Text and photos by Ray Linville
“They’re running” is a phrase that you hear often. It could be at the start of a NASCAR race in Charlotte, a 10K run in the Triangle, or a warning about bulls charging in Pamplona, Spain, but right now it’s a phrase referring to a seasonal phenomenon on the coast.
For many coastal areas in North Carolina at this time of year, “they’re running” means that spots are running near the shore and it’s time to head to a fishing pier. The spot is one of the most popular fish caught on rod and reel. It is caught not only from piers but also from bridges, jetties, and small boats as well as the surf. When this small panfish is running along the N.C. shore, the fishing piers are hopping with activity. The spot is usually traveling in schools, and filling a cooler doesn’t take very long.
According to the N.C. Division of Marine Fisheries, spots are “hot” to catch from August through October. During that time, they transit our shores as they head down to southern U.S. coasts and the Gulf for winter. In fact, when I was at Blackburn Brothers Seafood in Carolina Beach, an employee said that spots are always running when Major League Baseball’s World Series is being played.
The spot is easily recognized—it has a distinctive, large black spot near the gill opening and 12 to 15 dark, angled bars across its back. It may grow to 14 inches in length and weigh up to almost half a pound. Because of its small size (the largest one ever caught weighed only 2½ pounds), the spot is typically prepared whole and is rarely filleted. The spot’s sweet, distinctive meat makes it a favorite at many restaurants and seafood markets in coastal areas. The spot has a mild flavor with a medium-dense texture.
The spot is celebrated not only at the dinner table but also in local culture. Just north of Wilmington in Hampstead (Pender County), the N.C. Spot Festival is held annually in late September. Spot dinners are served throughout the festival that features music, arts and crafts, and other activities.
Elsewhere along the coast, restaurants that serve locally caught fish feature spots when they are running. Because I’m not talented at fishing, I pull into a locally owned restaurant in the Wilmington area when I see a sign that says, “Spots.”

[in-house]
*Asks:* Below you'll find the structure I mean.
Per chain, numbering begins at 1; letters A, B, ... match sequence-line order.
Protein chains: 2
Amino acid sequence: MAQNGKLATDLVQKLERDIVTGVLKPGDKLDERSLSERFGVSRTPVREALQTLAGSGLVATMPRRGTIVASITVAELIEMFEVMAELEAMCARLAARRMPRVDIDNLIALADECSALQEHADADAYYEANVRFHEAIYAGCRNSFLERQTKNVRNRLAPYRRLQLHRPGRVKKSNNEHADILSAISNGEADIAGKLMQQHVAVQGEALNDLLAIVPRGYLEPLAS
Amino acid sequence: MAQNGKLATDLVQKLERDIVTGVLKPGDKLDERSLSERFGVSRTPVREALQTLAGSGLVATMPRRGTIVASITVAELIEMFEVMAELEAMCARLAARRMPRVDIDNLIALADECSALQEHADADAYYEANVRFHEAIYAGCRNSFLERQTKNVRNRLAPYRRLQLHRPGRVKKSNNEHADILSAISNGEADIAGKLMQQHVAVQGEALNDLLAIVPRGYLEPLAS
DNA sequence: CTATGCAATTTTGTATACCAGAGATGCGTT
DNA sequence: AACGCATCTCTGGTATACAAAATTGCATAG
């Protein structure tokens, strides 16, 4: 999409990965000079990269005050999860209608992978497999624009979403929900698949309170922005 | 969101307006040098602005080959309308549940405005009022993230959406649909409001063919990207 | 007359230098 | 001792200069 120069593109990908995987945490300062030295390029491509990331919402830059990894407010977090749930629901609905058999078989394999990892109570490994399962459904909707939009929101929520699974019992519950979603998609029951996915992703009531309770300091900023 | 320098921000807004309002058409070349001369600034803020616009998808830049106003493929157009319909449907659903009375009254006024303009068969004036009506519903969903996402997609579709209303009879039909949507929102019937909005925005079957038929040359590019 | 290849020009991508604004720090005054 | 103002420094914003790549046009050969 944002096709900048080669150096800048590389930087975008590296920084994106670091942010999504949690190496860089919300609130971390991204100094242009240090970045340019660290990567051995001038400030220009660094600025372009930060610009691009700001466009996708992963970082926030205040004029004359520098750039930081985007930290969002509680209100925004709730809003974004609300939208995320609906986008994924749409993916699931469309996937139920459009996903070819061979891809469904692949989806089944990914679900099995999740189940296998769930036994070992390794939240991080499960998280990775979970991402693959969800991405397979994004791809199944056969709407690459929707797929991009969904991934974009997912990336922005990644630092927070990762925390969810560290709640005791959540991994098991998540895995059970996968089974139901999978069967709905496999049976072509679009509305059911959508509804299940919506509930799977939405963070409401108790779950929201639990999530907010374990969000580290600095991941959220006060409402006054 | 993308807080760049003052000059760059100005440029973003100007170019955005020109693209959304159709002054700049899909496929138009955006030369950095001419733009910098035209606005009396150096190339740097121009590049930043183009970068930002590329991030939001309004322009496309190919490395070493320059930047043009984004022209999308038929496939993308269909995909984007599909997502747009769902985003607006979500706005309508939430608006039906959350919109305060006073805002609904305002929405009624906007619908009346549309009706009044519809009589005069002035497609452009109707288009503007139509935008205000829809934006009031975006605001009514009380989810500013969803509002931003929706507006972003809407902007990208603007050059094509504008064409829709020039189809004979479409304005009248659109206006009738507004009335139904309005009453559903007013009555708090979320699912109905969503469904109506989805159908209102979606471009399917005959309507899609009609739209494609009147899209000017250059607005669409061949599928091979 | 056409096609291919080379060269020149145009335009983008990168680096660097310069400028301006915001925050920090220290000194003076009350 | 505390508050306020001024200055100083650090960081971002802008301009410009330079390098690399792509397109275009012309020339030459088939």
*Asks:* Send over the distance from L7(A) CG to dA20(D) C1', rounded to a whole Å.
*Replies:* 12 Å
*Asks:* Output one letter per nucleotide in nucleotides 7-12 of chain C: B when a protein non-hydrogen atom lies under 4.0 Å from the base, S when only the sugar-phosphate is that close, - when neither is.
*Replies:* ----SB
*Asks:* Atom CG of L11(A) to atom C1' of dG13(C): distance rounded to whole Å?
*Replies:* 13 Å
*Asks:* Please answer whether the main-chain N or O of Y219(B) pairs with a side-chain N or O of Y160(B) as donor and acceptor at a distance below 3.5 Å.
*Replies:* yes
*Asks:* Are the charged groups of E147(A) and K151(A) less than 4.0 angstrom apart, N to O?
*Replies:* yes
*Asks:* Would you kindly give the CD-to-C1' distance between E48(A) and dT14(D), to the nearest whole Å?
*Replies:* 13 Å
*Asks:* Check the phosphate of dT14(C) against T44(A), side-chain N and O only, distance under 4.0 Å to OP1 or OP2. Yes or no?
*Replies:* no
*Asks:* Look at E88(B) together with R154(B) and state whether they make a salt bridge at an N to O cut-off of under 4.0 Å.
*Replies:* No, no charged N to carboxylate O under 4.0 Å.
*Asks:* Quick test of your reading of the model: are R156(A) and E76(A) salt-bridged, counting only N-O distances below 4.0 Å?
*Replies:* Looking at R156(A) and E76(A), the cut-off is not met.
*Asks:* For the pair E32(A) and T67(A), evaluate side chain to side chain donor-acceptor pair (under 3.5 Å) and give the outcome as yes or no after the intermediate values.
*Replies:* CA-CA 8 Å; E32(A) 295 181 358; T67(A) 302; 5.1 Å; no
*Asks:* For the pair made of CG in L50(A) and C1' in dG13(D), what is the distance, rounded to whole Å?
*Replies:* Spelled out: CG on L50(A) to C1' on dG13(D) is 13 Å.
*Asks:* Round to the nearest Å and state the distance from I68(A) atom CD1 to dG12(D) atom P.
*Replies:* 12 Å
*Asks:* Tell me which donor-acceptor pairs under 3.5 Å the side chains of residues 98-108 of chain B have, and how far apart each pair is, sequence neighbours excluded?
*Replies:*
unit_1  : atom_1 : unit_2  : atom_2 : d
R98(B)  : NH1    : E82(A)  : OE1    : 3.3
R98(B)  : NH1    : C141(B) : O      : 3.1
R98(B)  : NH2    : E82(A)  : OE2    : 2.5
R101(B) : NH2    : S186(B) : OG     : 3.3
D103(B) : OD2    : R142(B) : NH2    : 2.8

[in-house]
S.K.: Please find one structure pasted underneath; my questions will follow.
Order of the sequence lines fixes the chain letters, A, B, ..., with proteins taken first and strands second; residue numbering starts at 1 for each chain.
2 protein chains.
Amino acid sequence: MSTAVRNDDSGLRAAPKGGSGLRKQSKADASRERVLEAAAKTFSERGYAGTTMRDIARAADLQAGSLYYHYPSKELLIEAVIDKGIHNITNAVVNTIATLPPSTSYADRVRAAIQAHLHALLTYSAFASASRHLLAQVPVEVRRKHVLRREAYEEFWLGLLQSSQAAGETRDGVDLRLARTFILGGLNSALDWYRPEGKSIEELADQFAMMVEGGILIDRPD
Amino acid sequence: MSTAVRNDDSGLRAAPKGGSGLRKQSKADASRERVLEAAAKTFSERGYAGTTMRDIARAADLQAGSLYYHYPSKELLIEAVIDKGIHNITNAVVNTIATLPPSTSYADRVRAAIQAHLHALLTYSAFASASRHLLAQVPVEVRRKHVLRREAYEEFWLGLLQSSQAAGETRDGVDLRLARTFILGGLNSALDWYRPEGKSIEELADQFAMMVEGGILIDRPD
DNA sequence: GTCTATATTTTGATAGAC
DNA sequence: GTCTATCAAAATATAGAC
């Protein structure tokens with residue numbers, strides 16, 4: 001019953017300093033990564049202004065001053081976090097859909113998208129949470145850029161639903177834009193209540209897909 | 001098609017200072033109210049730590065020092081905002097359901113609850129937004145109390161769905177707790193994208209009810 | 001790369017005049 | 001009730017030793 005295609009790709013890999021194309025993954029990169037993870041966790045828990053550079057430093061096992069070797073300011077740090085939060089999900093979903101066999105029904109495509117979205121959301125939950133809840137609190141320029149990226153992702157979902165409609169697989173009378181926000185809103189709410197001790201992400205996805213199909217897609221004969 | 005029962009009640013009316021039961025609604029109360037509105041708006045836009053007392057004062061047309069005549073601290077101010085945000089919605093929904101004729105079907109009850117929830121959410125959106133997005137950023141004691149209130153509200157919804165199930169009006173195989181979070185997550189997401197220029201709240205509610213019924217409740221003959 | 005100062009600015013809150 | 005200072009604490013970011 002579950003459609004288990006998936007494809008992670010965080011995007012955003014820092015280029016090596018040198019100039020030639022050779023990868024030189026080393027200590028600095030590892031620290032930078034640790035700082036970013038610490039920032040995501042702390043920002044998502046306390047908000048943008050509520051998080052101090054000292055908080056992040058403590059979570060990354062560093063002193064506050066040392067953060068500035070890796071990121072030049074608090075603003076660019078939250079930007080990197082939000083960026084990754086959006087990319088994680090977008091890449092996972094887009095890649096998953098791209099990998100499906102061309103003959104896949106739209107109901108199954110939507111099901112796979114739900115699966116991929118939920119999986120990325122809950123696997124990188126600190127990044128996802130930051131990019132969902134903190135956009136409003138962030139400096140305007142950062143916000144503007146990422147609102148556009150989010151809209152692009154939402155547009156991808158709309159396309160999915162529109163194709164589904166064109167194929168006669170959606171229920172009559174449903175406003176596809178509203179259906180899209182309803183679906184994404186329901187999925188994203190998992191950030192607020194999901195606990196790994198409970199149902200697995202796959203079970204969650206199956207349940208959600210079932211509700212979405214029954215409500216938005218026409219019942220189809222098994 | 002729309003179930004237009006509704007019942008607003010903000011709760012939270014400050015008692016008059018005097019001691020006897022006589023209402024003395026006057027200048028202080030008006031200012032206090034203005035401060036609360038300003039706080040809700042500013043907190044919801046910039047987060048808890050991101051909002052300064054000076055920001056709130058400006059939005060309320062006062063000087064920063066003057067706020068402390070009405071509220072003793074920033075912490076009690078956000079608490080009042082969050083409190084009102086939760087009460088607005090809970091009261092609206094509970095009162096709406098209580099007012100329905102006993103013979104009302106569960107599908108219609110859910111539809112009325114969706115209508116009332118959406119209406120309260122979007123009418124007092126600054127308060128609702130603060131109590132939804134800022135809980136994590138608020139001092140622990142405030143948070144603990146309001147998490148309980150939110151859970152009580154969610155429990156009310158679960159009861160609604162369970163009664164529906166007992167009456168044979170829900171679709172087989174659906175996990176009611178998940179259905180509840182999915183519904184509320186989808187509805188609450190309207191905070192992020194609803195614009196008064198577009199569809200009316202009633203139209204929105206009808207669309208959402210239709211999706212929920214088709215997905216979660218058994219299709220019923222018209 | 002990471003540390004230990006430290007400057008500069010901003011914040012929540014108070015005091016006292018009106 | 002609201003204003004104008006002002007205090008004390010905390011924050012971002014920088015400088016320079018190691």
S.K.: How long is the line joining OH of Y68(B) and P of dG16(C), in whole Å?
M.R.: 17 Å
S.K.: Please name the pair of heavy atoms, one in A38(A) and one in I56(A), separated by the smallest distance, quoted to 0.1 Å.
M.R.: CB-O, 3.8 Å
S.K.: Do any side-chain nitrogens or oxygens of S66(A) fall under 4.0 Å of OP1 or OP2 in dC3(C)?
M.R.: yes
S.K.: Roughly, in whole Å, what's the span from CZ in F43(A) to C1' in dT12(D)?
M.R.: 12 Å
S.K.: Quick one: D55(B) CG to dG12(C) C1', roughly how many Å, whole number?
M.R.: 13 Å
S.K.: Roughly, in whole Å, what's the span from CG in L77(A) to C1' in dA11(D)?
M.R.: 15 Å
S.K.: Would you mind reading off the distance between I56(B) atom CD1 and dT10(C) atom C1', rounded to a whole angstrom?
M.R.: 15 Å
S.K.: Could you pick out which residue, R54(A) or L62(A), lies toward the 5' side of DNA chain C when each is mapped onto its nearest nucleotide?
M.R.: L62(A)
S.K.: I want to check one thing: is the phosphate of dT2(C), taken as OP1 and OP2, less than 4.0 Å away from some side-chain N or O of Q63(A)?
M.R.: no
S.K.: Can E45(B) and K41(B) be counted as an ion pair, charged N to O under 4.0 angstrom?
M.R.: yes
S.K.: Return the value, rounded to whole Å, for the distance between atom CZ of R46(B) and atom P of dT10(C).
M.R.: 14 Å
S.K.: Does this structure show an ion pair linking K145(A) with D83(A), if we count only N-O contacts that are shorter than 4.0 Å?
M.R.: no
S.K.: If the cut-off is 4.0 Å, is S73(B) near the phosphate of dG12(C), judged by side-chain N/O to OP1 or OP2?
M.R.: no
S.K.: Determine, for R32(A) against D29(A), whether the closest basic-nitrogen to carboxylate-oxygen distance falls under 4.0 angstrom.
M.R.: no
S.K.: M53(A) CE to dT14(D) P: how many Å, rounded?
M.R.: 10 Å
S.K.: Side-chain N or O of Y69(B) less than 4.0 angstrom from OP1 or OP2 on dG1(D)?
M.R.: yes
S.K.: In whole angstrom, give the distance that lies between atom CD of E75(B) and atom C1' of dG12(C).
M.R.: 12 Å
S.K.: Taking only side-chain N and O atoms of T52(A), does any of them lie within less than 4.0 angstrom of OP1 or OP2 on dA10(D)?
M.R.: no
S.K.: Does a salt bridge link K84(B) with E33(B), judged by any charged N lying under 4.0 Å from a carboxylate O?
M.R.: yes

Because this fish is popular with recreational anglers, almost 3 million are caught each year (another ½ million are caught by commercial fishermen). In fact, N.C. recreational anglers catch more spot than any other variety. If you plan to fish, make sure that you have a N.C. coastal recreational fishing license, which can be purchased on a 10-day, annual, or lifetime basis (anyone younger than 16 years old is exempt).
Fishing is not only entertainment, but it has also provided needed food for many families. For many years, coastal fishing has been an important source of food for poor families, particularly during the system of farm tenancy, as Marcie Cohen Ferris explains in her book The Edible South. Because rent for small tracts of land required most of what families made from cotton, peanuts, and sweet potatoes, and the soil was depleted after generations of planting tobacco, many families depended on coastal fishing to provide food for their tables.
When spots are running, many memories are evoked—some good such as family fishing adventures, some sad such as struggles to place food on a family table. Whether a spot dinner is enjoyed at a restaurant or after a day of fishing, now is the time to celebrate this fish’s role in our food culture.
Coastal Recreational Fishing Licenses and Permits
N.C. Coastal Recreational Angler’s Guide
N.C. Fishing – What’s Hot and When
N.C. Spot Festival